On the one hand, the federal government is implicitly present as the institution that leads the nation to win World War II, a feat for which it is treated with nothing but respect and pride.
On the other hand, its relation to domestic politics appears decidedly less favorable. In one scene, Mr. Potter, to his mounting frustration, learns in a meeting how George Bailey’s business practices are prevailing over his own. When his secretary interrupts to remind him of an appointment, he responds, “Tell the Congressman to wait.” The message is clear: the richest man in town has access to, and indeed a kind of dominance over, his elected representative that others do not have. Thus the film treats the relationship between centralized government and the rich far more realistically than Burns’s sentimental liberal vision, according to which the federal government is simply the friend of the poor and the middle class.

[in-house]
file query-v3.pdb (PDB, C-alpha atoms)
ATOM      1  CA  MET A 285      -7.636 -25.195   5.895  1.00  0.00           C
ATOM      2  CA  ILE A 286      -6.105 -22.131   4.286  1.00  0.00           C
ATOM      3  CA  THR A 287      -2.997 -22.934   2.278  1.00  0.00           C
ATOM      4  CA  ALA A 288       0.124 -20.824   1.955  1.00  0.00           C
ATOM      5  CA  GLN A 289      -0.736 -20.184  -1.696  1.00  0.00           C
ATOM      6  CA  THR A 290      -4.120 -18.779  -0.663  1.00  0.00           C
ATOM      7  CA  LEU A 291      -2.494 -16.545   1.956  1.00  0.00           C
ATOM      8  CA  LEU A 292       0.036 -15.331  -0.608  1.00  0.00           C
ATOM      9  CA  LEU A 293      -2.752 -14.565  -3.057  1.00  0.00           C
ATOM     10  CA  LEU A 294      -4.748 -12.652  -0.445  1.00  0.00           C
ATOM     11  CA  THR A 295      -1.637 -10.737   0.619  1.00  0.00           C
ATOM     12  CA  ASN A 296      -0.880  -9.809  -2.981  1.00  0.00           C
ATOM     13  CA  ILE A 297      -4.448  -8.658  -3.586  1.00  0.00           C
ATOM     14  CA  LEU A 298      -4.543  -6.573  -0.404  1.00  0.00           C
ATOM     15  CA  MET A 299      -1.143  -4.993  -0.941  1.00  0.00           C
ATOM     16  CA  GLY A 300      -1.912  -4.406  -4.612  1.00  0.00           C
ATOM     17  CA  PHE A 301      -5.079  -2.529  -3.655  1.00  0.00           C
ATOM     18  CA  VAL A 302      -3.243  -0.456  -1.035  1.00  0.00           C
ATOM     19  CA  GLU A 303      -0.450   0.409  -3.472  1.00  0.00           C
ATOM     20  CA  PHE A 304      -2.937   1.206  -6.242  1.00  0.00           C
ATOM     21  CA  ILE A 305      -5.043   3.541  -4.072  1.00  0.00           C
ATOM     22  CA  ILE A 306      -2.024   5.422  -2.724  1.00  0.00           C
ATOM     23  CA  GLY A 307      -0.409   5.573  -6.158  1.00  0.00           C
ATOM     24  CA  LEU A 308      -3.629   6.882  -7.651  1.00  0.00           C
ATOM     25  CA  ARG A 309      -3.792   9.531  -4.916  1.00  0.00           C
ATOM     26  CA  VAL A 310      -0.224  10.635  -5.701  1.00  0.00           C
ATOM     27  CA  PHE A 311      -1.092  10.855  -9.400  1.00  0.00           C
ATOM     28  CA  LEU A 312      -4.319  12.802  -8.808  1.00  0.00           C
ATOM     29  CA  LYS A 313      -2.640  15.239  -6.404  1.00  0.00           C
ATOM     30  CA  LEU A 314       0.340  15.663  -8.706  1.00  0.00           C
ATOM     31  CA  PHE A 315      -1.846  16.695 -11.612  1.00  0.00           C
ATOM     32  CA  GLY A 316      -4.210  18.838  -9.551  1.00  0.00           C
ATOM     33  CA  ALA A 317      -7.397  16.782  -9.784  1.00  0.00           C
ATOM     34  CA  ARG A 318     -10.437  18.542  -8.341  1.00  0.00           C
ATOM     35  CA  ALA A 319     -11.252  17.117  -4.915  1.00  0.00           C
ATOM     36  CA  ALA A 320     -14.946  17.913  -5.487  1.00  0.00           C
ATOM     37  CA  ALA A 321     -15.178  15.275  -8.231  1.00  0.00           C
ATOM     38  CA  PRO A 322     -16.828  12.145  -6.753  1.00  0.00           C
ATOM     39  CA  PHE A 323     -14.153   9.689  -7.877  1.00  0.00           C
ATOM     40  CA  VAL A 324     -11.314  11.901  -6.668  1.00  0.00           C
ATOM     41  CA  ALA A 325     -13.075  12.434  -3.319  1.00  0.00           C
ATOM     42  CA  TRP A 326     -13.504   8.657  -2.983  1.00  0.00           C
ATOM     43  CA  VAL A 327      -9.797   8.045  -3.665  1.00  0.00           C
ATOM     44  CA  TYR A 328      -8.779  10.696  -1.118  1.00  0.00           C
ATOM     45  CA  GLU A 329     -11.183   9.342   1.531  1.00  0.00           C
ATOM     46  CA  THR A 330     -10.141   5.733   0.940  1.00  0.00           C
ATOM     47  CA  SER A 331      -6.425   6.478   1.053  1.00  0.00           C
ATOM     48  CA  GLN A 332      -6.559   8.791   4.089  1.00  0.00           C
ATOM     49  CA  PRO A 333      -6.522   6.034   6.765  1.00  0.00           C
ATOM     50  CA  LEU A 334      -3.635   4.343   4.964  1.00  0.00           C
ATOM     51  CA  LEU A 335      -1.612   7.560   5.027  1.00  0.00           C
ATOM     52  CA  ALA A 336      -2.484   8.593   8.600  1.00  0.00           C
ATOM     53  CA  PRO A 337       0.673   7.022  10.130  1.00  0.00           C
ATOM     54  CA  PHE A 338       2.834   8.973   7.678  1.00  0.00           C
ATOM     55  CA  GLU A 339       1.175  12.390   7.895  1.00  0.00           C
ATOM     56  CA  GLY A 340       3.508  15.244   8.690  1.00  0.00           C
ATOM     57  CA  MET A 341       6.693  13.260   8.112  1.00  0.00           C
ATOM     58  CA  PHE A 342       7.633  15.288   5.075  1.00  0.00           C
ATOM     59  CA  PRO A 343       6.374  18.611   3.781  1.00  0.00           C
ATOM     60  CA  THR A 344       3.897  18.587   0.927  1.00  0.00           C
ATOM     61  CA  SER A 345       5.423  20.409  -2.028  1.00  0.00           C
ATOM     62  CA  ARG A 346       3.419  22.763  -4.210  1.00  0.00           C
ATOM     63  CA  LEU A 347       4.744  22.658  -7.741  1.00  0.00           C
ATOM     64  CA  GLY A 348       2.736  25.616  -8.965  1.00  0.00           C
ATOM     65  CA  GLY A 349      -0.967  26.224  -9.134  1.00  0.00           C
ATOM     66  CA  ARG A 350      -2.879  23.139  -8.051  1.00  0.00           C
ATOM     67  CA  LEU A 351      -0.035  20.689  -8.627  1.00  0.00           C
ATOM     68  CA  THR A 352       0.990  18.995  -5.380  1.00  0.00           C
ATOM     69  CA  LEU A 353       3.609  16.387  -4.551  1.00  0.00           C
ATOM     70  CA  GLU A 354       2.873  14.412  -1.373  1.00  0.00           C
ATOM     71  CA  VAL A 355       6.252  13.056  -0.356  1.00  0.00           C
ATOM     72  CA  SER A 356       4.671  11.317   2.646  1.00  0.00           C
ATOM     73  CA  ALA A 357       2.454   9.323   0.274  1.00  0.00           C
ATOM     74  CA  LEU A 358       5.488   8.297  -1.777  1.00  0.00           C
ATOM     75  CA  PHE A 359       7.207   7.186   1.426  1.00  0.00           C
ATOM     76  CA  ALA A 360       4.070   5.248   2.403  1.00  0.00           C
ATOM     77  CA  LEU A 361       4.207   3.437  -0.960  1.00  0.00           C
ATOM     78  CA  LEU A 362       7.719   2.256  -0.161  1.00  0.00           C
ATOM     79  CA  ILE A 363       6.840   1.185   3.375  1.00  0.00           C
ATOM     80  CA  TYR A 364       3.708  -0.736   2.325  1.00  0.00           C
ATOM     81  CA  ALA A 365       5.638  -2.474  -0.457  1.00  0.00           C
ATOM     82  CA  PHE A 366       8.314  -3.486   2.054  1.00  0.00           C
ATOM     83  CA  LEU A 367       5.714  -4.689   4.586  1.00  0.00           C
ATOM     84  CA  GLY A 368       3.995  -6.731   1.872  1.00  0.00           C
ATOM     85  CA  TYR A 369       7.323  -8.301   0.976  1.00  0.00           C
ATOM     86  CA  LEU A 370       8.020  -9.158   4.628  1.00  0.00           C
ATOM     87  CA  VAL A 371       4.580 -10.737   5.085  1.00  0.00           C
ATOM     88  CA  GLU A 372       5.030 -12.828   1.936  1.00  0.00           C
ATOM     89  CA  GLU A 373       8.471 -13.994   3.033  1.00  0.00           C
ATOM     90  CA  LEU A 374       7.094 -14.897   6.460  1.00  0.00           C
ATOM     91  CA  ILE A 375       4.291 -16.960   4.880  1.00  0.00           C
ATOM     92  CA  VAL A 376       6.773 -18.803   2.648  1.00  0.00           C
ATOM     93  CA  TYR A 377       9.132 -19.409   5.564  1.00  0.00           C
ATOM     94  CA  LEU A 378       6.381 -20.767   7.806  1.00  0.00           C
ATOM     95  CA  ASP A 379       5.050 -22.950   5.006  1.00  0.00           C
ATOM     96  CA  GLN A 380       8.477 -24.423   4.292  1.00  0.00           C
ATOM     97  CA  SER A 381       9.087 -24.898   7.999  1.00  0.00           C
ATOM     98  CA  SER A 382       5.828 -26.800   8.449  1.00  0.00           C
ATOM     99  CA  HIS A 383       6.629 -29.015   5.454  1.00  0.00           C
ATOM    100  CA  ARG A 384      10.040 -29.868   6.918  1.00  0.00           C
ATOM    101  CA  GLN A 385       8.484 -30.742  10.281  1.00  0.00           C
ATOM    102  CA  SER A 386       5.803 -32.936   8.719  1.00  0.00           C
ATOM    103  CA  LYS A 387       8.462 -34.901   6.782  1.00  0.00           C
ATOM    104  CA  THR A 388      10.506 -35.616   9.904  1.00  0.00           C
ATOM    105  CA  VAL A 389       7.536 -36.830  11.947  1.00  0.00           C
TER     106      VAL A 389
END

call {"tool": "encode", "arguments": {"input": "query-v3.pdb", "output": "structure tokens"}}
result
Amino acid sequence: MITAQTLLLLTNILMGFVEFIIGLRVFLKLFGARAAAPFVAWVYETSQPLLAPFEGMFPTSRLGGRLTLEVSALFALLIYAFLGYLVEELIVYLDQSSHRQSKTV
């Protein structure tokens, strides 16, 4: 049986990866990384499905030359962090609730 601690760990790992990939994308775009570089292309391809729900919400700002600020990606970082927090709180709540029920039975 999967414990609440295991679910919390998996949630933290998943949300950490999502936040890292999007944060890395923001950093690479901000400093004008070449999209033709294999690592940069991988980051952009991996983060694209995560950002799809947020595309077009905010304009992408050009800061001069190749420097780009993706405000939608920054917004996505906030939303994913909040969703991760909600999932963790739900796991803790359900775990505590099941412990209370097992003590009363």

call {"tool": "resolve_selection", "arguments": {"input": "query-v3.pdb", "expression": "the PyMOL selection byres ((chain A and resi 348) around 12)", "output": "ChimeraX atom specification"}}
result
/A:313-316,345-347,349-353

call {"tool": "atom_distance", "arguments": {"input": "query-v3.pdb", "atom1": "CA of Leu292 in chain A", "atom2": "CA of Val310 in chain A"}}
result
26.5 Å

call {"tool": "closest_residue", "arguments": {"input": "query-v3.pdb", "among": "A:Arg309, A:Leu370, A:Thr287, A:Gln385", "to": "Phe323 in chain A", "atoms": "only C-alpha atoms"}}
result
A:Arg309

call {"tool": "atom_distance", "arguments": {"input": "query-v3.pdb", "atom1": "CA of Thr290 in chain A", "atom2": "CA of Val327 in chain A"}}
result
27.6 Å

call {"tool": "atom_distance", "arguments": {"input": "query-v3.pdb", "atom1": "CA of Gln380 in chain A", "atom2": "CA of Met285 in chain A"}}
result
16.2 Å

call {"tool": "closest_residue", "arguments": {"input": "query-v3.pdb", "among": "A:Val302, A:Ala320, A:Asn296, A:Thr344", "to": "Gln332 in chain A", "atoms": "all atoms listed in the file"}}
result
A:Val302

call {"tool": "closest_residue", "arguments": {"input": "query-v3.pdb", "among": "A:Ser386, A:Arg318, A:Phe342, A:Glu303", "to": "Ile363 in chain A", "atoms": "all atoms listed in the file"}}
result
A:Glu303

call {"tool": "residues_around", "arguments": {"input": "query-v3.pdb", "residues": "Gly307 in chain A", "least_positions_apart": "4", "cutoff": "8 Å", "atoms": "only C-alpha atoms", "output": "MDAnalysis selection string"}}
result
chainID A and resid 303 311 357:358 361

In any case, Bedford Falls is preserved as a moral community not by the intervention of the federal government but by the public-spiritedness and virtue of local citizens led by George Bailey—who, as far as we know, never gets to meet the Congressman, let alone tell him to wait. Needless to say, the solving of social problems by virtuous individuals working together at the local level has certainly not been the American Left’s preferred method over the last three or four generations.